The word 'traitor' seems to be bandied about a good deal at present. 'So you're a traitor, then,' said the complacently smiling lady sitting next to my husband Harold Pinter at the British Library literary dinner – rather a surprising venue for such an accusation, I thought at the time. They were discussing our recent stay in Paris. Harold explained his approval of French foreign policy over the Iraq war, coupled with his disapproval of the British action. Then I was alerted by John Guare to the possibilities of www.probush.com. Clicking on the word 'Traitor' produced a rather more sinister result. This voice was male as well as soft and low. 'You're a traitor!' it hissed at me from my hitherto friendly screen. What, me? What is it with us Pinters? However, the text rather contradictorily urged me to 'get to know your traitor', and then gave a very long list of possible candidates, with helpful identifying photographs. It was headed by Susan Sarandon, but included Ted Kennedy, Madonna, George Clooney and Barbra Streisand, as well as John Guare himself.
The word itself was also defined: 'If you do not support our President's decisions, you are a Traitor.' After that, however, came a strange annotation on the website as follows: 'These "Traitors" are not legal "Traitors" of the US.' Did some namby-pamby lawyer suggest it? In any case it seems there is now a distinction between a Traitor – a fashionable new word of abuse for political views opposed to your own – and a legal Traitor, who has actually committed treason. It all takes me nostalgically back to the heady days of the Gunpowder Plot, when, as it were, treason was treason. An accusation carried with it the terrifying prospect of being hanged, cut down alive, your body eviscerated and then dismembered if found guilty. (I don't think Harold's neighbour envisaged this for him, or anyway not at the beginning of the conversation.) Sir Edward Coke's prosecuting speech at the plotters' trial (there was, of course, no defence in a treason trial) still chills the blood, with its last request that the broken remains of the bodies should be exposed as 'prey for the fowls of the air'. But then these plotters had planned to blow up Parliament, not merely disagreed with their government in public. I do not think the violent terrorists Robert Catesby, Guy Fawkes and co. would have made much use of Susan Sarandon in their band; and even the virile George Clooney might prove a bit of a disappointment.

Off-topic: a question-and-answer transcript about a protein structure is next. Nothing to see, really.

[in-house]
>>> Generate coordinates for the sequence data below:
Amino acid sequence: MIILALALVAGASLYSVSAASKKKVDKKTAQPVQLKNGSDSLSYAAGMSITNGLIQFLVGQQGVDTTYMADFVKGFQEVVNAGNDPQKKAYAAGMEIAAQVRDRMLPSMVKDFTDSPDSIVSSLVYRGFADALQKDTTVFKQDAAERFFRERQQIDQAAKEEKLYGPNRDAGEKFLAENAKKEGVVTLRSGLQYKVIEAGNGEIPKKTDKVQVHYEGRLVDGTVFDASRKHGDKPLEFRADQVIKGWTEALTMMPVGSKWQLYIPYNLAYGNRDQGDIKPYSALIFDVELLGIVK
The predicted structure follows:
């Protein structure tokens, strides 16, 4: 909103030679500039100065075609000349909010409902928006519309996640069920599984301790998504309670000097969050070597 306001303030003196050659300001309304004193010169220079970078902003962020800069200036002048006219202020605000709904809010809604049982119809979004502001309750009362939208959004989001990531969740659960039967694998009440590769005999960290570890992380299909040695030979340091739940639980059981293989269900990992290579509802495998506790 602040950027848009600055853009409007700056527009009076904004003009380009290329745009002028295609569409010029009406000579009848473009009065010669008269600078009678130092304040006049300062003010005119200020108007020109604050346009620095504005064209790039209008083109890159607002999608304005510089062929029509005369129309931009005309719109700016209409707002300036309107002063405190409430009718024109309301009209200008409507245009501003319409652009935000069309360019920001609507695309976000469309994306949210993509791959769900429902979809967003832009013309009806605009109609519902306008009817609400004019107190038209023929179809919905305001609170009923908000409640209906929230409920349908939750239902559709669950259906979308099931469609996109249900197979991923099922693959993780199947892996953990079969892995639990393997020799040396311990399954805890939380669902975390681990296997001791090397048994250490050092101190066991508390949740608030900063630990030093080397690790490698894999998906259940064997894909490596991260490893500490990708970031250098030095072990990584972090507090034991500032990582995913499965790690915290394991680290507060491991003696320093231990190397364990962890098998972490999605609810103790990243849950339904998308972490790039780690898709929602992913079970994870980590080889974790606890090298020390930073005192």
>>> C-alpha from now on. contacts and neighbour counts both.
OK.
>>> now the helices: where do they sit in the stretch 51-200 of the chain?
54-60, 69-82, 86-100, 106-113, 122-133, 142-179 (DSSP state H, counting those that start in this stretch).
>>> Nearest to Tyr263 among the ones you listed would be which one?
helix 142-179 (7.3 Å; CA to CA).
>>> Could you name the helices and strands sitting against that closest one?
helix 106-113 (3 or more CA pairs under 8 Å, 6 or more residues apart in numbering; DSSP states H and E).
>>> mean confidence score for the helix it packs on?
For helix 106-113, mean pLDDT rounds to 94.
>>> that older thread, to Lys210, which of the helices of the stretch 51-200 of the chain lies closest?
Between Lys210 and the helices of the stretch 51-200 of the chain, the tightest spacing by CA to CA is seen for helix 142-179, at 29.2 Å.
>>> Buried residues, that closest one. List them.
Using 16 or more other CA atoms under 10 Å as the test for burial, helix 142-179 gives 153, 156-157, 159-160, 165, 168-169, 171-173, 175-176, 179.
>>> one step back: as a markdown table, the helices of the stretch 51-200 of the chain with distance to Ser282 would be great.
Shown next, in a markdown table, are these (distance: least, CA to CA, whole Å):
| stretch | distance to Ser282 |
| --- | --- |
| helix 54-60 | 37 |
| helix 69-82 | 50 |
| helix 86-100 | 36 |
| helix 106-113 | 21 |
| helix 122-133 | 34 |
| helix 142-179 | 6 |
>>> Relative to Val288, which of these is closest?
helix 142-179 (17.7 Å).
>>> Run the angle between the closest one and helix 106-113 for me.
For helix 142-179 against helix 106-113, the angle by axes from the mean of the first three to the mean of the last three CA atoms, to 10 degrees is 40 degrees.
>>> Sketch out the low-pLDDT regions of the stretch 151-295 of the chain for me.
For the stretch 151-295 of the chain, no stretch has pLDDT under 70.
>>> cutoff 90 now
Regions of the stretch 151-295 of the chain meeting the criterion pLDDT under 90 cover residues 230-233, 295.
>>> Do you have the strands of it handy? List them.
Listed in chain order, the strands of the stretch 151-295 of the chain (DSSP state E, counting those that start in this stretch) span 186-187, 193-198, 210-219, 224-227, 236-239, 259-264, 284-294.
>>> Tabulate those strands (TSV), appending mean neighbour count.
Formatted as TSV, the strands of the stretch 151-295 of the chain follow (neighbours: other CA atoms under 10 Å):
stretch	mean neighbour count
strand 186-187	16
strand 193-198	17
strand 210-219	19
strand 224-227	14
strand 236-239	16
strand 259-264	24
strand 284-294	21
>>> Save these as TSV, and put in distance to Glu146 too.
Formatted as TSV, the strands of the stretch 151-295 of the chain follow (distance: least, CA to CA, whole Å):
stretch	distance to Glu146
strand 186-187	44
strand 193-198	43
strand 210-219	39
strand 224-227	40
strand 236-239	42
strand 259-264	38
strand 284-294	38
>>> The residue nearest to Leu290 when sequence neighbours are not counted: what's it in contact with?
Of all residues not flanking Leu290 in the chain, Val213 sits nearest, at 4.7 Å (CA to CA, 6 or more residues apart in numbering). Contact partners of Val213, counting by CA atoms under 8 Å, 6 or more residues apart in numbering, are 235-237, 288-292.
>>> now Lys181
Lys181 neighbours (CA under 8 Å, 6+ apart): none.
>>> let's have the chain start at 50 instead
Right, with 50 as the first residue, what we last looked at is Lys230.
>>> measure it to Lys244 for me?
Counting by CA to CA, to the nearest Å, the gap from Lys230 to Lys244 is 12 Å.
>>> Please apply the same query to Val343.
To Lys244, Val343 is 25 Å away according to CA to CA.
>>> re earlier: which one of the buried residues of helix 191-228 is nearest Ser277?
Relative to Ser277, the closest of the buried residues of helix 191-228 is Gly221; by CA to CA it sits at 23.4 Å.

We were in and around Paris because I am researching a new French subject, following Marie Antoinette with Louis XIV and His Ladies. I find the study of Versailles irresistible, although it's one of the many things it's probably better to contemplate from the perspective of history. For one thing, I should have to become a mad keen gambler, something completely inimical to my nature. But I hate standing around for long periods; unfortunately, by Versailles rules, even a mere stool was reserved for duchesses. But if you gambled, you got to sit down even in the presence of the King. My theory is that the courtiers lost fortunes in the 17th and 18th centuries for the sake of taking the weight off their satin-shod feet, and I should have been among them.